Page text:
Letter from the Editor
What's Next? Private Environmental Savings Accounts?
"Of course I care about the environment," said President Bush recently. "That's why I've proposed private environmental savings accounts for all Americans so we can all invest voluntarily in our own personal environment and have the freedom to protect our own air and water from pollution."
The administration's proposed new ESAs would allow all citizens to invest a part of their environment in a personal account. "I believe strongly in an ownership society," Bush said, "because if you own something, you care about it.
He used his own ranch as an example, pointing out that Duffau Creek, which feeds the North Bosque River near his ranch, is filthy and full of dead fish. But the Middle Bosque River, which flows through his ranch, is clean.
"The problem is government. I own my ranch. I keep the creek clean. If everyone owned their own ranch, we wouldn't have this problem. We've got the get the government off our back."
According to journalists secretly embedded in the Bush administration, the environment is headed for a crisis—in ten years the system will be "flat broke, busted," says the president, and the only solution is privatization.
The administration plan also includes provisions to auction off the public lands of the nation to citizens to invest in their own ESAs, and give them the freedom to keep these lands wild, develop them, even use them to store nuclear waste.
"And best of all," Bush adds, "the air and water and land in your personal account is yours, and the government can never take it away."
OK, the environmental savings accounts aren't real, though they may as well be. (The water quality difference between the president's ranch and the neighboring community is real, however.)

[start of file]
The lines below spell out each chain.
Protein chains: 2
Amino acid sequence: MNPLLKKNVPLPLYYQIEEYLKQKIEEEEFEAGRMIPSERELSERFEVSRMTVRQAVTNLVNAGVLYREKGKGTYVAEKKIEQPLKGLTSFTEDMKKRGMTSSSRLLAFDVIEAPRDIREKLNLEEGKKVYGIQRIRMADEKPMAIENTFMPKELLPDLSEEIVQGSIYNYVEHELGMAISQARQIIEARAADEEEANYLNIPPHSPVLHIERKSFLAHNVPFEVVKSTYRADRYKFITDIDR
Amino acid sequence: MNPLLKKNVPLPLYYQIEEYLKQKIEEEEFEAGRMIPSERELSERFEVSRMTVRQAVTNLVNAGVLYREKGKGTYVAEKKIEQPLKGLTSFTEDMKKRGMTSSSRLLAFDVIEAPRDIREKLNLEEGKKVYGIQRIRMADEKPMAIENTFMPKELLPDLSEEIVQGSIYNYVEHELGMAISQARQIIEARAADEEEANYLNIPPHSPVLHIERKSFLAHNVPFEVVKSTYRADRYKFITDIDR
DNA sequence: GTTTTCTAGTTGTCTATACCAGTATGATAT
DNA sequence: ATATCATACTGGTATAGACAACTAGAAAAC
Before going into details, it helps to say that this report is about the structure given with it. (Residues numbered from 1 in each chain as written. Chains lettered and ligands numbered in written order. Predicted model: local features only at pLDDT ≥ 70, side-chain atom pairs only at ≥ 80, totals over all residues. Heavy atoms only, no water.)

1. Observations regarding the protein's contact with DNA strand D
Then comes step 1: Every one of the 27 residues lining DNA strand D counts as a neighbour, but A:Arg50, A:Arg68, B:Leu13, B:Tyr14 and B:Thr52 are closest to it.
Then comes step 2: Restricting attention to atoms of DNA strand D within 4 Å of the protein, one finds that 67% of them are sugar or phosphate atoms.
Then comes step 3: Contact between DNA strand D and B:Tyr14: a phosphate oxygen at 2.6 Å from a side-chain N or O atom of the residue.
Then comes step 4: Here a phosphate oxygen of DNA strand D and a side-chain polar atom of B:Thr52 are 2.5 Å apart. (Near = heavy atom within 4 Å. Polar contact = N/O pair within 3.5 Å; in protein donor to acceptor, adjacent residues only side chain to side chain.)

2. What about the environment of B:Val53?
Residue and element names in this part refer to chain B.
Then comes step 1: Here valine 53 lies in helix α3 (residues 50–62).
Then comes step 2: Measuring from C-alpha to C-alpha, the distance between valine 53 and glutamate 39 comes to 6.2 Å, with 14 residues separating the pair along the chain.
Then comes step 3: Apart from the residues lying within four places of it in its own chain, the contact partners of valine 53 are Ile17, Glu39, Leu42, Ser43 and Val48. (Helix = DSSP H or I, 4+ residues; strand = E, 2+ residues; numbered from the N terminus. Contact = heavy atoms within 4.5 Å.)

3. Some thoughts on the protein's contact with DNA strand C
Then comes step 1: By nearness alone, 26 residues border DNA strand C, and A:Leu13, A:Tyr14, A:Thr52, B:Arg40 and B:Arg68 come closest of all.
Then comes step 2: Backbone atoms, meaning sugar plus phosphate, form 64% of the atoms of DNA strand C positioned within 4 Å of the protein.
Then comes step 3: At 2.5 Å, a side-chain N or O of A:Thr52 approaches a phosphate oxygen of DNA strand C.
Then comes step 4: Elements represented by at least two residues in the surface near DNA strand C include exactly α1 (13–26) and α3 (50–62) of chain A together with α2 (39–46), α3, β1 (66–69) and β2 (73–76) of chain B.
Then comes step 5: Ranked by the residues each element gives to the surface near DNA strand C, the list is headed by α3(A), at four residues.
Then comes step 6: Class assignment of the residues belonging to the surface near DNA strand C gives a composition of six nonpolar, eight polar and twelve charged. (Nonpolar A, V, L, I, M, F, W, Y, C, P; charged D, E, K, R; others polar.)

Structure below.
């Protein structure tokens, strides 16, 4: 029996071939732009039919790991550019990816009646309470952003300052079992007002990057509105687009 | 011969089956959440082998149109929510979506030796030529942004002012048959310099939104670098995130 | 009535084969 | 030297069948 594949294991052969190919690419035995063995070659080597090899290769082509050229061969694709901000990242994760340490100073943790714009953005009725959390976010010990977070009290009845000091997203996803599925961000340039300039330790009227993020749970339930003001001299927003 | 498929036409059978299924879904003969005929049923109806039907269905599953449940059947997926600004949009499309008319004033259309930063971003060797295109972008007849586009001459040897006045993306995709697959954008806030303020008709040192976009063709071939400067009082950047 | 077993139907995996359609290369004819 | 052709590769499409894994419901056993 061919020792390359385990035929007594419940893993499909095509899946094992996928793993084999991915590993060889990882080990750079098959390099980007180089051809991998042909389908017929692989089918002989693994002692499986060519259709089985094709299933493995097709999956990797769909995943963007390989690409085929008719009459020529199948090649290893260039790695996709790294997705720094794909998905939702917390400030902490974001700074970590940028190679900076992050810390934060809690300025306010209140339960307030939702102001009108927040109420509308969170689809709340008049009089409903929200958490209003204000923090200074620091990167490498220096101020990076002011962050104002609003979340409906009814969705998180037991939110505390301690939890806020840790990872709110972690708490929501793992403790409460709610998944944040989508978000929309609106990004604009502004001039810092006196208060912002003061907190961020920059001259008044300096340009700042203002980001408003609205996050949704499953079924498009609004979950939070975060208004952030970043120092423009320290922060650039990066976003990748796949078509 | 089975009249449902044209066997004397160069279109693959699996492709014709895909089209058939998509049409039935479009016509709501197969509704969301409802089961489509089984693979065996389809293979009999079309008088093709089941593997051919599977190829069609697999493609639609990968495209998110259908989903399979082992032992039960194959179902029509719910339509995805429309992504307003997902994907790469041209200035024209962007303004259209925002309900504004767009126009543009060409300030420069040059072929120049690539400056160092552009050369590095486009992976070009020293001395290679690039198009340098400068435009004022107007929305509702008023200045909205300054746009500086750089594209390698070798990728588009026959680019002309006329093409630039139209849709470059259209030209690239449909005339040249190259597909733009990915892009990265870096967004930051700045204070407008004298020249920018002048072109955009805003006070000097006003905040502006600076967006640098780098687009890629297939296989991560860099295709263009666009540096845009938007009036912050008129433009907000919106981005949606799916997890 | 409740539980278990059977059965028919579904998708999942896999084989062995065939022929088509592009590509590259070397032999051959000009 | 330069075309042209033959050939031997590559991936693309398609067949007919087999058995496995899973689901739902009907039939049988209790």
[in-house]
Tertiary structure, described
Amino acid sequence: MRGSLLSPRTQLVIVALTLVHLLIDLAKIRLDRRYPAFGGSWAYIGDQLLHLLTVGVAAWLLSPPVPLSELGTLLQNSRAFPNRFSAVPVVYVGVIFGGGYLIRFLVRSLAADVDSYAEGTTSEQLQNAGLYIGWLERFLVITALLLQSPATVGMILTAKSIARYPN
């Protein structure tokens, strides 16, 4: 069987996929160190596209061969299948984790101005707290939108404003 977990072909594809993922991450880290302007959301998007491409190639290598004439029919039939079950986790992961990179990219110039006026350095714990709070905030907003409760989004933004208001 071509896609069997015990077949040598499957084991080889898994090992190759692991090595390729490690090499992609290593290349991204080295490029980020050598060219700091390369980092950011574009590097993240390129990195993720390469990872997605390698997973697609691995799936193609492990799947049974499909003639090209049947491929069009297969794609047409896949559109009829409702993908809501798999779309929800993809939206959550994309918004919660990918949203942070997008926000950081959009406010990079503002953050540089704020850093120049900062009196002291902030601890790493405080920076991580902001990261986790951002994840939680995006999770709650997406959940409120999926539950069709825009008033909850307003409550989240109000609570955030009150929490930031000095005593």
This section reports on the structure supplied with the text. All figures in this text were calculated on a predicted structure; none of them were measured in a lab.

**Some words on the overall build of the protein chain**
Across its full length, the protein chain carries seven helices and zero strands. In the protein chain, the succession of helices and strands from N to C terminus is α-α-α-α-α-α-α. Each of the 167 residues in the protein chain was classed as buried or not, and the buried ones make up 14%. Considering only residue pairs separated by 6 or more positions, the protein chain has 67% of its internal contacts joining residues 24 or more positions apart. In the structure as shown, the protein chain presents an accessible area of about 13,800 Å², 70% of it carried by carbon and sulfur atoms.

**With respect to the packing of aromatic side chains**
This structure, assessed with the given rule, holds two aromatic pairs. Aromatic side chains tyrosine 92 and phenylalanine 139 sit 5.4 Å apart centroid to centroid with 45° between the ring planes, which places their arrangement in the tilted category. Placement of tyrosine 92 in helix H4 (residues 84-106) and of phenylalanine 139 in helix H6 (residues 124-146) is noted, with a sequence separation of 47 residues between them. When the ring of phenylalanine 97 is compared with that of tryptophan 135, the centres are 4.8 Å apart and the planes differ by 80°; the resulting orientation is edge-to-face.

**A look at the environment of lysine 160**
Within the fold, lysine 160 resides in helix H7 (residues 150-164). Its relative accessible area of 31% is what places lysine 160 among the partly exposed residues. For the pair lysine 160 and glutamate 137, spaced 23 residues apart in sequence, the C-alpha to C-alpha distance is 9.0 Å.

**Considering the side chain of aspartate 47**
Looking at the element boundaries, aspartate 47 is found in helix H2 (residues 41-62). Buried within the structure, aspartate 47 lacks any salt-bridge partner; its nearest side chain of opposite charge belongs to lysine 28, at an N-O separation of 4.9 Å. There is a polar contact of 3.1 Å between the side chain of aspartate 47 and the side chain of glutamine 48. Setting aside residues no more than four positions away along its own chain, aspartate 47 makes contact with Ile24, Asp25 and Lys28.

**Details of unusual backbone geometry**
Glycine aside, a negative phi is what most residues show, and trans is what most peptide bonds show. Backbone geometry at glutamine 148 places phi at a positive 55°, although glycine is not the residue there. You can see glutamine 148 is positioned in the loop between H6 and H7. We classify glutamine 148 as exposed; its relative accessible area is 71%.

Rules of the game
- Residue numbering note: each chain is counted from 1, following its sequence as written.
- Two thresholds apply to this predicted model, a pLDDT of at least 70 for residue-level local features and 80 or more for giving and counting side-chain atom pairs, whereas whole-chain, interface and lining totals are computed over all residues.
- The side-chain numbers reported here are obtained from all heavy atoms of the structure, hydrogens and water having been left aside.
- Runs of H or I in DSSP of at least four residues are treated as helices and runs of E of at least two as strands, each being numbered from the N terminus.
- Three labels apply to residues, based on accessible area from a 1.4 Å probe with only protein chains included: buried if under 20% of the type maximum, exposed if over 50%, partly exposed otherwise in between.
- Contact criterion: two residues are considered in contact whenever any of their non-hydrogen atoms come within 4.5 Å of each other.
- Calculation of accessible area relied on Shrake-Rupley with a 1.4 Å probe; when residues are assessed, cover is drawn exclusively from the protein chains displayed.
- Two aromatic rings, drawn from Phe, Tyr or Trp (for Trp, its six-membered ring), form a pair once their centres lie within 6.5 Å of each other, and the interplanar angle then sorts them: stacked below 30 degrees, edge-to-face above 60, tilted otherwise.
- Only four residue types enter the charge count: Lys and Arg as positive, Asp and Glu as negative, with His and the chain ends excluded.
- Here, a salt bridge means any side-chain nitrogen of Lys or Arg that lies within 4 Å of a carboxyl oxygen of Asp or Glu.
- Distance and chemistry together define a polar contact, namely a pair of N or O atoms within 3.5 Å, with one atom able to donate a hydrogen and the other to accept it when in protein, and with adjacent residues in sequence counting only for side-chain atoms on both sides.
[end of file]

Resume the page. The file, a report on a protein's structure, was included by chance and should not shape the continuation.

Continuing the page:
Clearly, the president and his allies aren't against clean water—who could be against that?—but they don't believe that the government has a responsibility to take of the water or air or wildlands for the rest of us.
But you can't lock up clean air or water in a private account. No matter how clean your town's air is, if your upwind neighbors are burning coal to generate their electricity, you end up breathing their polluted air.
Or, as Tom Valtin explains in "Water Sentinels Stop Toxic Antifreeze Runoff" on page 3, the antifreeze the airport next door uses to keep the airplane windows from icing over ends up your creeks. But citizens in northern Kentucky successfully pressured the state to take action to control toxic runoff from the airport.
If the federal government can't (or won't) lead the way, there are other levers of democracy that citizens can use to protect the environment.
- john byrne barry
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